Guess I’ll be back in 12 hours…

Endgame Comments:

  • The endgame is fairly balanced, but as you keep liking and super-liking, the countdown timer as well as not wanting to loose my amount of daily likes does create a sense of urgency, where the swiping becomes the main activity of the experience (Core Drive 6: Scarcity & Impatience)
  • Tinder emphasises on Core Drive 5: Social influence and Relatedness throughout the experience, and they provide us all with the feeling of “being in the market”.
  • Tinder should consider using more positive and real-life social proof: Show and tell about the people of Tinder: What is the most common way to meet through Tinder? What do most people (that meet in real life) write? Have people fallen in love through the experience?  
  • As motivation seems directed at users to collecting matches, and not as much to engage with them, obsessive or unwanted behaviour could occur over time. ) It is evident to some degree that the experience encourages starting conversations, but during the end-game there is a lack of incentives for meaning and long-term relationships (Core Drive 1: Epic Meaning & Calling).

 

Where is the love?

Overall Tinder has designed a system for high engagement.

Tinder has built a great discovery narrative, with social proof (arguably weak) that love can happen on Tinder. With Facebook integration, the sign-in process is incredibly fast, you are shown a win-state and boom you can start swiping. But as you go through the experience, you feel less in control and more obsessed about spending all the available swipes you have, to collect an increasing amount of matches that you are not talking to. This is very similar to how slot machines work, it is the spinning that is addictive, the unpredictability of what will happen next; the matches are only temporary joy. Over time, the experience becomes a mindless exercise only to feel like I am “in the market” (Core Drive 5: Social influence and relatedness).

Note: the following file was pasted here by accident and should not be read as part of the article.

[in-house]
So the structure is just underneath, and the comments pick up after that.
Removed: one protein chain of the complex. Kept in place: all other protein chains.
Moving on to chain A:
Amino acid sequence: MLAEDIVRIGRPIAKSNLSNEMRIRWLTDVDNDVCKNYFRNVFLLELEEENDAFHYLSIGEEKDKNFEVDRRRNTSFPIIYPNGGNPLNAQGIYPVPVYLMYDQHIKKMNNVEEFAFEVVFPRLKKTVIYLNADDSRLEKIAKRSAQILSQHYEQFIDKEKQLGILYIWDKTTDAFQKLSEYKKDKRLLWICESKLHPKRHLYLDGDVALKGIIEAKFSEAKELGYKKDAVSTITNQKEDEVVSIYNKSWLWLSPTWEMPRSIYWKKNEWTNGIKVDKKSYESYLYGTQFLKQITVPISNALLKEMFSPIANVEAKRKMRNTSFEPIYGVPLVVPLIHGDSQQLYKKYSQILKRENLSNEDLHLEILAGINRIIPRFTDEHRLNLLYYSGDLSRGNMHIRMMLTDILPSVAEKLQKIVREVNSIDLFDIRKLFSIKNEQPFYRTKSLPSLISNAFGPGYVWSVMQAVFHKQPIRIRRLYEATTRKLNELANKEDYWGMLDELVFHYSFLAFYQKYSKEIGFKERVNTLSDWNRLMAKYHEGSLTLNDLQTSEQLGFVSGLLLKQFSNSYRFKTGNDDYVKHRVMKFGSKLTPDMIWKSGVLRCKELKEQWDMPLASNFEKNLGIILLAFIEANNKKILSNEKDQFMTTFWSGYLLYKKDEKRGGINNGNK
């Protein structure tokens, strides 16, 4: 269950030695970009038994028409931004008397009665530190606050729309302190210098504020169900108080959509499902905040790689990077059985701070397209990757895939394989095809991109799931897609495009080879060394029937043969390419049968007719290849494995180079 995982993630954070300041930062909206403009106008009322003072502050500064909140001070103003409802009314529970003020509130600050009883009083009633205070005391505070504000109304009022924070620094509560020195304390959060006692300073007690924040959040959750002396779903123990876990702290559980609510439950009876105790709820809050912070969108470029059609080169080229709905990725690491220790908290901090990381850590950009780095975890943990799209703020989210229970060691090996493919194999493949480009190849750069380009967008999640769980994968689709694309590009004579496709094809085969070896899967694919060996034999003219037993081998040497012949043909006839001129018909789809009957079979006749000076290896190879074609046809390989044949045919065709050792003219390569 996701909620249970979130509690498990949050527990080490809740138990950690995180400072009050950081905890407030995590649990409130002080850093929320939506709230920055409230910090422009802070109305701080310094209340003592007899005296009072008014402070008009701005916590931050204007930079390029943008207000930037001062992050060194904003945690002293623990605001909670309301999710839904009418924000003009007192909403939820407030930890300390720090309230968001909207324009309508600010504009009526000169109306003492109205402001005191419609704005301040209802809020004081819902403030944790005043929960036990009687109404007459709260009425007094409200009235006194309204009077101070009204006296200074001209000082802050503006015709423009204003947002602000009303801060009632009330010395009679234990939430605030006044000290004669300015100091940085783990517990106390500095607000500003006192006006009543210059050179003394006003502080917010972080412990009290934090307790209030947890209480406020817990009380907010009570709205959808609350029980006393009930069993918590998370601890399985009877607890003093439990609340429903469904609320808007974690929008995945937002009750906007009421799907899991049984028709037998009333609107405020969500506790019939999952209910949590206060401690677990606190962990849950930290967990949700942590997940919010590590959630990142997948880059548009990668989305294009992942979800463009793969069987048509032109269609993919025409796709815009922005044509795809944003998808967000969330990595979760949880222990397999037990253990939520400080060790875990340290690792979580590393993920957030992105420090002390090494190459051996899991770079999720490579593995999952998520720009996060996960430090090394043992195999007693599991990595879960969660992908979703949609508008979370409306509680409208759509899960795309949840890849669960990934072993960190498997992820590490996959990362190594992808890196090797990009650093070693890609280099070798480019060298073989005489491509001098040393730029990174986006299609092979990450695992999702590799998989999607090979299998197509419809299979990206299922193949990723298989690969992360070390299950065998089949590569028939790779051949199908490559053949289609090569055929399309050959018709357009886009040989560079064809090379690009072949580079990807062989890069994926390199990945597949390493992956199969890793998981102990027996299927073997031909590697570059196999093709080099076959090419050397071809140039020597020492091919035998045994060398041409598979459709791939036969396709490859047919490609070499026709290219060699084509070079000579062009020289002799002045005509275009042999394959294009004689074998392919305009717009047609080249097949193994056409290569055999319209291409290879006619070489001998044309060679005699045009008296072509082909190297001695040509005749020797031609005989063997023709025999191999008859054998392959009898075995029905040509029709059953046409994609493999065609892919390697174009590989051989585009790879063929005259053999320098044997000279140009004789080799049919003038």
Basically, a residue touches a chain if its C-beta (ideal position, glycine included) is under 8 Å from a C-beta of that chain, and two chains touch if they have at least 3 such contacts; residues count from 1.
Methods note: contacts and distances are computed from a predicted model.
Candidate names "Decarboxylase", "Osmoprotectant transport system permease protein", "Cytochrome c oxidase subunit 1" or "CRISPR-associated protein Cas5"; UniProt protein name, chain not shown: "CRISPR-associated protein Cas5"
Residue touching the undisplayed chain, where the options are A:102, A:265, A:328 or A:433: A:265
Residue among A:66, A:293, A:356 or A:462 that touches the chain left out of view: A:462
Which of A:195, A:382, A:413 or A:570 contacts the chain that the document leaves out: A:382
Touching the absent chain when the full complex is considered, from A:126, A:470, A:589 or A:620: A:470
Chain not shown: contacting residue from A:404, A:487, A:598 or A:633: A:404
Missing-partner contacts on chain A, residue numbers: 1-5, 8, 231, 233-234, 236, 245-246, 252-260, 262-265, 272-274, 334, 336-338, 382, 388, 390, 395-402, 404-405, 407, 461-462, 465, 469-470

In Octalysis we balance White Hat (CD1: Epic Meaning & Calling, 2: Development & Accomplishment, 3: Empowerment of Creativity & Feedback) and Black Hat Core Drives (6: Scarcity & Impatience, 7: Unpredictability & Curiosity, 8: Loss & Avoidance). Too much emphasis on Black Hat techniques creates a lot of urgency, but too much of it in any experience will make us feel not in control, obsessed or anxious. In contrast, White Hat Core Drives make us feel in control, fulfilled and satisfied. Tinder should think about this balance more, as I the experience is mainly Black Hat, leaving me feeling that I have no control over my obsessive swiping. For me online dating may already be more about swipes than looks!

If you want to know more about what Octalysis can do for your organization to drive engagement, contact us at:

Joris[at]octalysisgroup[dot]com

Gaute[at]octalysisgroup[dot]com